You mentioned that you started in TV at a station in West Lafayette, Indiana, and you went on to another one in Fort Wayne. We don't usually think of Indiana as a bastion of liberalism, so were there any TV stops there, or in Louisville, Kentucky, where you worked after that, where some people behind the scenes weren't that thrilled with you being who you are on the air? Did you ever have to fight for your individuality and being your true self?
Oh, sure. Every one of us encounters somebody who may be in resistance or who may judge us or disapprove of us. I don't think that's about being a gay person. That's just being a person. We all face that, and we all get to make the choice of how we respond to it. We either change or hide who we are or we stand in who we are. I've been very fortunate, especially with my current employers in Denver, but also my employers in Louisville as well, who really, ultimately judge me on my talents, on my experience, on what I can bring to the shows, and support me in that. By and large, it's been a good experience, and I've never expected anyone to change their belief system for me. I only ask that people respect who I am and stay open-minded to the idea that we might end up being friends despite our differences. I've had that happen over and over again. The person you least expect to become a fan or become a friend does; these things happen all the time. It's a beautiful thing about life.
I understand that when you were in Louisville, you worked as an anchor, but you also hosted a program that featured music and comedy.
Not unlike the Everyday show, which just ended its run in Denver — it was on the air for nine years and was a great show — I had a similar program in Louisville. And those shows were a lot of fun because they were a little later in the day, so I could sleep in a little bit [laughs]. And I love the art scene in Denver. I love the theater scene, I love the music scene, I love the creative scene. And it was a cool way to showcase the talent we've got. I did the same thing in Louisville. It was great to do a hat tip and get them on TV, get them a little exposure.
What brought you from Louisville to Denver?
Gosh, it's been twelve years now, almost thirteen. I was looking for a new job, and it was kismet, it was synchronicity, it was the universe. I happened to get a response from a news director in Denver. I'd been to Denver for a debate tournament in high school. That was the only time, but as soon as the plane landed, it felt like home. I interviewed with Channel 2, and as soon as I got the offer, I loaded up the Jeep and drove out — and I started two weeks later.
What was your first position with the station?
I started as a morning reporter at Channel 2. I've been a reporter and an anchor for most of my career. Then it branched into doing morning reports that showcased cool things going on around town: a new restaurant, a new theater venue, going up to Breckenridge or Aspen at the start of the ski season. It was a great way to get to know Colorado, because I was all over the state. I was in a different place every morning. That evolved more into community pieces and entertainment pieces and arts pieces, which is where I spent five or six years in town before recently transitioning back into anchoring again.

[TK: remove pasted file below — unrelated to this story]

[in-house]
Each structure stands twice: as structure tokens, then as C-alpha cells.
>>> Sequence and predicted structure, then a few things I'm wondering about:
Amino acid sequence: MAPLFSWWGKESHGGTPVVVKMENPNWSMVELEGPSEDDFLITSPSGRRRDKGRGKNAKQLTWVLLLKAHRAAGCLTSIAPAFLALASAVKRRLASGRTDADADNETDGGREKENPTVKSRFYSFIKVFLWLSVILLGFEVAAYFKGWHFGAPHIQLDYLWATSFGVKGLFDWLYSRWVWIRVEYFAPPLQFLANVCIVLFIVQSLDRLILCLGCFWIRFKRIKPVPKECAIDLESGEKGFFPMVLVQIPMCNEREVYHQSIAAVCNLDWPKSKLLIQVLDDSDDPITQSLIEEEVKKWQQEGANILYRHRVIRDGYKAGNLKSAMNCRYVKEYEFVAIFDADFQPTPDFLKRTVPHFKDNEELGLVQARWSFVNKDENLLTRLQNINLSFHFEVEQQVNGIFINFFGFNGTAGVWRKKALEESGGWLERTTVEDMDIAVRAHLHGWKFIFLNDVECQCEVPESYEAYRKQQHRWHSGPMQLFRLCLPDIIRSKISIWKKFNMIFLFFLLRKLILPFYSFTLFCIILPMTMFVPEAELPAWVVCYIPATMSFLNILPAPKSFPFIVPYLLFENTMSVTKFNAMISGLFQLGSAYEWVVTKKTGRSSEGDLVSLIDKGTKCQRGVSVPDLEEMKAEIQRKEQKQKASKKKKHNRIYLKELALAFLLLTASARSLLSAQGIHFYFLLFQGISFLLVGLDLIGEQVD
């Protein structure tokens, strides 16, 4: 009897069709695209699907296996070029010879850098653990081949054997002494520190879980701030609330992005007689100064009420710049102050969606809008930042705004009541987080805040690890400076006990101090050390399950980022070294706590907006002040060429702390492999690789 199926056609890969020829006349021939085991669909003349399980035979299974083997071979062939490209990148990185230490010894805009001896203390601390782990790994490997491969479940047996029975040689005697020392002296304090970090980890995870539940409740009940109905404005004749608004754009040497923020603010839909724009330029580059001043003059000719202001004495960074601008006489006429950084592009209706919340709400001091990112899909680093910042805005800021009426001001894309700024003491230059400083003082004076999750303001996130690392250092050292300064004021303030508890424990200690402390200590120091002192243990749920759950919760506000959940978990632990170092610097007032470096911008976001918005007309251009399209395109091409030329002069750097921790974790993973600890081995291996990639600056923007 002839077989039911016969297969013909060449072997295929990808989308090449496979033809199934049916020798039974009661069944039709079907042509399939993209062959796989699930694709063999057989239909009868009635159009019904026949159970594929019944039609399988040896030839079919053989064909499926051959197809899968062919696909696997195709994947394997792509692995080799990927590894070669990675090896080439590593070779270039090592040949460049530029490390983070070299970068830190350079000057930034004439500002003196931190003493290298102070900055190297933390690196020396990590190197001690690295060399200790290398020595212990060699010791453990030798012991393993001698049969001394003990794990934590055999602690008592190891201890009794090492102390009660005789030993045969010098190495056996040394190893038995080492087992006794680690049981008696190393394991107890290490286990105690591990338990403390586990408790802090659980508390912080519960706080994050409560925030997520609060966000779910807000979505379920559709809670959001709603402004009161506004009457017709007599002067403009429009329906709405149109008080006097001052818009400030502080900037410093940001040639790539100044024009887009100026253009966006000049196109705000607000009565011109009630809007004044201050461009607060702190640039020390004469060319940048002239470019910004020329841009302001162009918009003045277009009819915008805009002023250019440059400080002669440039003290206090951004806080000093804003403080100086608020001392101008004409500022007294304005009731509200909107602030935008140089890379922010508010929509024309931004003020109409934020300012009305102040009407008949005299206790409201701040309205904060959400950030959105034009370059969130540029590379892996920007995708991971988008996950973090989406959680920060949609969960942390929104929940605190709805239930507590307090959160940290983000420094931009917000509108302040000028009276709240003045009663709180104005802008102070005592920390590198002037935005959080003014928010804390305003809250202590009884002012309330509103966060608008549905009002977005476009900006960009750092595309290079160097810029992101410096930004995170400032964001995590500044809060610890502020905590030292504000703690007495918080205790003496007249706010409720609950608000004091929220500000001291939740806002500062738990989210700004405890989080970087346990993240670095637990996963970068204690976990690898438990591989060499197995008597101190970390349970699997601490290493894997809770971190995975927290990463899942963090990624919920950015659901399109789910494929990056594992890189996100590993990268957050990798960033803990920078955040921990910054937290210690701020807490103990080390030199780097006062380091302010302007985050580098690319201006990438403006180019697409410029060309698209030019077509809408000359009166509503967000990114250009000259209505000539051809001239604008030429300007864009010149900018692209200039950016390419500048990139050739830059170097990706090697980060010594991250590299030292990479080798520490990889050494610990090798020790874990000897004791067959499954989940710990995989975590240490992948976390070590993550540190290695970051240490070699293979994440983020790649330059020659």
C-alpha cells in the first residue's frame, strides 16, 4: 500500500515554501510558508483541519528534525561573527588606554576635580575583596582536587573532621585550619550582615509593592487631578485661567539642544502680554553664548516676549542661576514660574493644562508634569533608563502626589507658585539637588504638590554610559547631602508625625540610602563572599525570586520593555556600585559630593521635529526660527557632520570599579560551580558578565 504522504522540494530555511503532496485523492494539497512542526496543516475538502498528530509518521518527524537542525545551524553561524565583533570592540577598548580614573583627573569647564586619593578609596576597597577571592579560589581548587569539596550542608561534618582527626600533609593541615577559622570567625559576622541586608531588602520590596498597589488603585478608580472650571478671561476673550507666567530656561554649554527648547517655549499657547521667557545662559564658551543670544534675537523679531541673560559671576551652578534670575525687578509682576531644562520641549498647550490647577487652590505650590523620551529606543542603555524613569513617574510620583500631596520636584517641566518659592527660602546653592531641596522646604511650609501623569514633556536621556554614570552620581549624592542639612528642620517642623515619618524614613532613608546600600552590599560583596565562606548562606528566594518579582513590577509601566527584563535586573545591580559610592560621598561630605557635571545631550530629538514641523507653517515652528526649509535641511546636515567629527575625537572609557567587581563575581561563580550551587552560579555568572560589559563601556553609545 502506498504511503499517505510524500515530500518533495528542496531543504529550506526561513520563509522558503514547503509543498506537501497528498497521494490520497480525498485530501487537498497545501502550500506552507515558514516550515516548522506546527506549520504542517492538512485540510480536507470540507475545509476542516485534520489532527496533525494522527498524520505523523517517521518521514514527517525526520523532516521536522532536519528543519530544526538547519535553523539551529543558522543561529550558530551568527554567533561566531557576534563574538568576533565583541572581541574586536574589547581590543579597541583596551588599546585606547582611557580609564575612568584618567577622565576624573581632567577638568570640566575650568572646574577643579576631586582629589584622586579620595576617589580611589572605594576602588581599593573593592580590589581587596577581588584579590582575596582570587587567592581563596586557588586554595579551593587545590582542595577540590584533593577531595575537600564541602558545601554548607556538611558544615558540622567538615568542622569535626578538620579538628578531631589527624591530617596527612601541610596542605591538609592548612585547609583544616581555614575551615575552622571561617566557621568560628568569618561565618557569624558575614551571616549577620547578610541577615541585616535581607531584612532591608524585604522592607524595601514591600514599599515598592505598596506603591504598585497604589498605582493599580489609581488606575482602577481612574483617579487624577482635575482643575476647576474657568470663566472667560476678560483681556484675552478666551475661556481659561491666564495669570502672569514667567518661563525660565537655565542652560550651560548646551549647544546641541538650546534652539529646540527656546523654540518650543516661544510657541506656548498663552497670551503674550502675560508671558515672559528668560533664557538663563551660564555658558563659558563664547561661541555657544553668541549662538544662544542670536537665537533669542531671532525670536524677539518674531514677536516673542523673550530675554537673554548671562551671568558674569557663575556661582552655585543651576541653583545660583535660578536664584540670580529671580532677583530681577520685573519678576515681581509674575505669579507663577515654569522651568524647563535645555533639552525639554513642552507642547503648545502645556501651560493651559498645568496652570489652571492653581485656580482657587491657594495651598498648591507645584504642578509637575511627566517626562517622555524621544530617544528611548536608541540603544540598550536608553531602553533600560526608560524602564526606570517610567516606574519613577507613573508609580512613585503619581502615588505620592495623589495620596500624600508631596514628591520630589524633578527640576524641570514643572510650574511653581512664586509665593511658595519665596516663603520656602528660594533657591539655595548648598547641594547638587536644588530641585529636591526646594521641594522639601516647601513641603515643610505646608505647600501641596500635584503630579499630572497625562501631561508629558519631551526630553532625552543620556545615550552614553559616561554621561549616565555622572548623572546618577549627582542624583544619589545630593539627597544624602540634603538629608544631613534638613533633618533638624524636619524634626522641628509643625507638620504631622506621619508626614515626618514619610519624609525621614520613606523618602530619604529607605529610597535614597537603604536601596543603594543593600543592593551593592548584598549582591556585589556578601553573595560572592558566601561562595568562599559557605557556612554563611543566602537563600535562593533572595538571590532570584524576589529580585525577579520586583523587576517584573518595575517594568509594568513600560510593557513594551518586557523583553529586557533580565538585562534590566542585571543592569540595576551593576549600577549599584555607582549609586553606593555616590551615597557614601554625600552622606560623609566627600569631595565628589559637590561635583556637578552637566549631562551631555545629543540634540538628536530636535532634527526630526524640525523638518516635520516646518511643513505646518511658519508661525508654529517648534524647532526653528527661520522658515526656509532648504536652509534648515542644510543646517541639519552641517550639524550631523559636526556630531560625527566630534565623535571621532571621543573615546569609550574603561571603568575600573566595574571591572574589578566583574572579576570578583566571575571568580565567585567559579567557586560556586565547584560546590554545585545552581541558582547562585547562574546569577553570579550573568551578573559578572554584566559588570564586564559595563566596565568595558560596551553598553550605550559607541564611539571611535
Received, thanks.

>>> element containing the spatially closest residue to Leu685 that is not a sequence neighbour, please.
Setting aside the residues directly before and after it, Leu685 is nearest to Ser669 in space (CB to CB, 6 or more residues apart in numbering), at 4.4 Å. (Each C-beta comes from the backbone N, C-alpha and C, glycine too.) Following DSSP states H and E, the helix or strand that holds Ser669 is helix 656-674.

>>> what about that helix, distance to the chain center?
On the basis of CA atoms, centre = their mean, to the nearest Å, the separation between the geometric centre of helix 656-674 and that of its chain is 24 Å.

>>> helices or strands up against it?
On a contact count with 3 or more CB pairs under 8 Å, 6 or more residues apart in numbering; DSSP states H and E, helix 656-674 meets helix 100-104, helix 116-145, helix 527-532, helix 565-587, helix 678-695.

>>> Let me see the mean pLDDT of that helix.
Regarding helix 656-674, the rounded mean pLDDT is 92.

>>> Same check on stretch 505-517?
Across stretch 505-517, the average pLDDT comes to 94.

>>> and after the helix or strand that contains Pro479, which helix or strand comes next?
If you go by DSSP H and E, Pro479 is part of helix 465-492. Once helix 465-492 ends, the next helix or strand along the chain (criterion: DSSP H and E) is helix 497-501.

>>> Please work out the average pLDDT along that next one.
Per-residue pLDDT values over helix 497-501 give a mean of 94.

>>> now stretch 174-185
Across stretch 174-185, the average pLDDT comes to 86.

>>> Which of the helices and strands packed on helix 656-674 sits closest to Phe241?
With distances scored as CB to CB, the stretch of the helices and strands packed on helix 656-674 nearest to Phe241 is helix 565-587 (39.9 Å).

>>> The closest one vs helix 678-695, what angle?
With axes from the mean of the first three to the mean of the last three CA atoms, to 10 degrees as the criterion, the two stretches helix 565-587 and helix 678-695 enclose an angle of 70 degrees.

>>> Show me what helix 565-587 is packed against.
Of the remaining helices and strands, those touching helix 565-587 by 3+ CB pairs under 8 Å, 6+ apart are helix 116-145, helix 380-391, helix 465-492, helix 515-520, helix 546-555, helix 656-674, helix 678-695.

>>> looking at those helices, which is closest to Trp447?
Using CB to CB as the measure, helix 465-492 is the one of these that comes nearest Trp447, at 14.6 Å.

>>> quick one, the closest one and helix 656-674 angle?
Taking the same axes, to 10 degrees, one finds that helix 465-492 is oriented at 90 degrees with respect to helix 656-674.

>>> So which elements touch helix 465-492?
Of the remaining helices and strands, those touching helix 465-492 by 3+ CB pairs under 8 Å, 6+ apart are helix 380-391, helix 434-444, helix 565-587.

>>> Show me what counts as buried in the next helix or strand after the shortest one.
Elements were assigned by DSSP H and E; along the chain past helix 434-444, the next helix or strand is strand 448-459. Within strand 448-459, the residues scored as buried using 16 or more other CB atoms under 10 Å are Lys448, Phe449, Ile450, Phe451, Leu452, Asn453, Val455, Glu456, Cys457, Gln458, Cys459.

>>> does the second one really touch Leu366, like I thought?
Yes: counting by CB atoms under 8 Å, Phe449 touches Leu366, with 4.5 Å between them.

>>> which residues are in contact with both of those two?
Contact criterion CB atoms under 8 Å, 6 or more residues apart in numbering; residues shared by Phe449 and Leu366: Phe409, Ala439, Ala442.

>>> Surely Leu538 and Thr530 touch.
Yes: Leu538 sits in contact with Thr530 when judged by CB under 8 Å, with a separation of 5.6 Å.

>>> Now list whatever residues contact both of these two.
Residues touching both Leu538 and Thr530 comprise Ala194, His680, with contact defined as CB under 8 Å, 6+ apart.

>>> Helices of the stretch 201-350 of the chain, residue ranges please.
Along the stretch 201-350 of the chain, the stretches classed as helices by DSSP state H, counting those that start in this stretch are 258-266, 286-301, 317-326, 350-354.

How did you become the point person for big celebrity interviews?
I think it's just the universe at work. It might have been a Harry Potter film. Harry Potter was really blowing up, and they offered us a chance to come out and talk to the cast, and somehow it landed on my desk — and I was like, "Let's do this." I really loved connecting with the actors in a way that was a lot of improv, a lot of unscripted moments that let us figure out what made the actors tick.
How old were the Harry Potter kids during that first trip? Were they little kids?
They weren't super-little. They were in that awkward phase. They weren't grown up yet. It might have been the third or fourth film.
Since then, you've gone on a lot of what are commonly referred to as junkets. How does that process work?
It's a fascinating process to see how it all works. There are journalists there from all over the country. A recent example is A Wrinkle in Time, because it involved Oprah Winfrey, and it was a big deal. Oprah Winfrey! There are fifty journalists waiting in a reception area, and you get called out five at a time to go down the hallway. It's sort of like sitting outside the principal's office. And then you're rotated in.
I try to bring some spontaneity and some joy to the process, because they're sitting in a room from 9 a.m. to 6 p.m. with journalists cycling through every five minutes. It's sort of like running the gauntlet for them. It's a hard day for them. And you only get four minutes apiece to establish a rapport, to establish a connection and try to get something people in Denver would want to hear about.
Are the questions vetted in advance, or can you ask whatever you'd like?
The questions aren't vetted, but there's a code of conduct that nearly every journalist adheres to. That code of conduct is that you're going to be professional. And my rule of thumb is, I'm not going to ask any personal questions, which are none of my business, and I don't think they're relevant anyway. Most journalists are respectful that way, and that's what keeps the process going. There's the occasional person who'll ask a ridiculous, inappropriate question, but to be honest with you, the actors will usually call them out. But the movie studios never ask for the questions in advance or screen them, which is good, because I don't think I'd do it.